The world's first Bramley apple tree was grown from a pip more than 200 years ago close to where our West Bridgford store now stands – so with the tree reported to be dying from a fungal infection colleagues at the store gave away 3,000 apples for customers to plant to maintain its legacy.

Store manager Tony Brennan hopes customers who took one of the the free cooking apples will plant the pips themselves so that more Bramley apple trees will grow in the area in honour of the original tree.

Tony said: "When we heard the news that the world’s first Bramley apple tree was dying just around the corner from our store, we really wanted to try and make a difference and show our appreciation for such a great local landmark.

"We've given away 3,000 apples to local families and children at the front of the store. The only thing that we asked in return was that the unused pips from the apples were buried in local gardens or parks in honour of the first Bramley apple tree."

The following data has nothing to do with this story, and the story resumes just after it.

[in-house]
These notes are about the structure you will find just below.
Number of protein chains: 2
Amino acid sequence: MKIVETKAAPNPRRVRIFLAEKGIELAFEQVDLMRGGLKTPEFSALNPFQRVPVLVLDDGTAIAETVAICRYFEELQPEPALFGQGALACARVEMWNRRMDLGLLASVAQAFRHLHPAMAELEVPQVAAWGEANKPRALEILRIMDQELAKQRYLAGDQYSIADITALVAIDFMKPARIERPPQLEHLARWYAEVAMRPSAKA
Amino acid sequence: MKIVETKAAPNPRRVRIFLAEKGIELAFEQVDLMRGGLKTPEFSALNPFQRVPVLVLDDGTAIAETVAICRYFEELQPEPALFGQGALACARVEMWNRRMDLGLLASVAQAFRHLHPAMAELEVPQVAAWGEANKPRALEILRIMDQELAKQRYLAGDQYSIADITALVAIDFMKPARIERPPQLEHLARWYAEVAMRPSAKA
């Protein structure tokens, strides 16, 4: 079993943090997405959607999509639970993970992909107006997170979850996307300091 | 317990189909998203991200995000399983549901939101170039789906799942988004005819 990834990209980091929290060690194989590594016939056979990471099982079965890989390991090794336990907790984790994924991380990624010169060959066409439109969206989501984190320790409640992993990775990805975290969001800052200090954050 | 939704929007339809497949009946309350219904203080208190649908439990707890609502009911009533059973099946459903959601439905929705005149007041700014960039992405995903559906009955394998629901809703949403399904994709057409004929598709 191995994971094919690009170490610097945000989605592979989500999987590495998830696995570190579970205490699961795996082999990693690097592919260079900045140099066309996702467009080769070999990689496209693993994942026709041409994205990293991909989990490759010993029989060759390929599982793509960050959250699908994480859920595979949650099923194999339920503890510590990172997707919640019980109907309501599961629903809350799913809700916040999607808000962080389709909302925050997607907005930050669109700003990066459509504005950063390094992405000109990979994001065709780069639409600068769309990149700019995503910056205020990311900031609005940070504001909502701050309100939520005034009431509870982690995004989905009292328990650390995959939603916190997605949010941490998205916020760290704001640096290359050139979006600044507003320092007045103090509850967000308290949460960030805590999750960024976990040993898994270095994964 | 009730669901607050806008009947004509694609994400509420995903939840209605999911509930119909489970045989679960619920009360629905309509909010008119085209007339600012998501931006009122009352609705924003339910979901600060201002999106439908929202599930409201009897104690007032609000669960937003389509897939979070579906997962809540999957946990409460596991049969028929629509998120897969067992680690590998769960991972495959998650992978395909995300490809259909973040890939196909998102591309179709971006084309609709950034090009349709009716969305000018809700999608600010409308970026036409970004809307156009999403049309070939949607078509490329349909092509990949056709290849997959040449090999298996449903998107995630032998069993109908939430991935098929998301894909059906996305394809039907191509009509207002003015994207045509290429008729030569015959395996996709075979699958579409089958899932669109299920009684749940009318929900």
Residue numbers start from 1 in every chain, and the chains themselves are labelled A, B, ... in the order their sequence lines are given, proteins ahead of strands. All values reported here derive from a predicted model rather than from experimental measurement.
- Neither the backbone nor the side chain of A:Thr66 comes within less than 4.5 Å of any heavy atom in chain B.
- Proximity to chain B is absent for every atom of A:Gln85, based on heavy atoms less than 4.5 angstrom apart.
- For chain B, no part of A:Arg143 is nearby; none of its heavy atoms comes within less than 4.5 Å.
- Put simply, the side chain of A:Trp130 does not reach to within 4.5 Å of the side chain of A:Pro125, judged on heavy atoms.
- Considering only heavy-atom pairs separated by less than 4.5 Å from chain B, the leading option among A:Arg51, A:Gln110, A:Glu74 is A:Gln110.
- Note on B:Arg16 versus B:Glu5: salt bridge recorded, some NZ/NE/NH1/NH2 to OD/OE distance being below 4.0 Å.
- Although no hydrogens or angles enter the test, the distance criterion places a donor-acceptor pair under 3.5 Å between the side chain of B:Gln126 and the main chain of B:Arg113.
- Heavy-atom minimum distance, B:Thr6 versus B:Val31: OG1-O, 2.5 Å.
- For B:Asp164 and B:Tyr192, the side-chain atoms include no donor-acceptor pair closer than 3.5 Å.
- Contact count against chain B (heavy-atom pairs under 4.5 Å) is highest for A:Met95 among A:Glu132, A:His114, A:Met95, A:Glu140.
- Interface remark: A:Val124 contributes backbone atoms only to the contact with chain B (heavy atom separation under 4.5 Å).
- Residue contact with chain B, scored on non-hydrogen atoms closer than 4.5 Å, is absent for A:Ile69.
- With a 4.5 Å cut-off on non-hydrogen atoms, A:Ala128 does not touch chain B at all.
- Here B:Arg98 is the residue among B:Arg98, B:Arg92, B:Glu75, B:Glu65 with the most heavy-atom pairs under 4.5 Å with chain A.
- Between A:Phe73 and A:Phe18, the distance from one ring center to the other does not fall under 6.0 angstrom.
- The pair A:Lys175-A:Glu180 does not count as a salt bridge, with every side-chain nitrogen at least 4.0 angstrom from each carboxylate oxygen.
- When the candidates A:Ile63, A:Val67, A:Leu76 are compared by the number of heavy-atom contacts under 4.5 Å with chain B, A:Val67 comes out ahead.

The original Bramley tree was grown from a pip planted in 1809 by a girl called Mary Ann Brailsford. The land was bought by Matthew Bramley, who allowed a local nurseryman Henry Merryweather to take cuttings from the tree. The first recorded sale of Bramley apples was then made in 1862.

Current landowner Coulson Howard, who took on the garden from his aunt Nancy Harrison, hopes to find a way to preserve the tree, with the Nottingham Post reporting that Nottingham Trent University is interested in buying the cottage and garden containing the tree to prolong its life.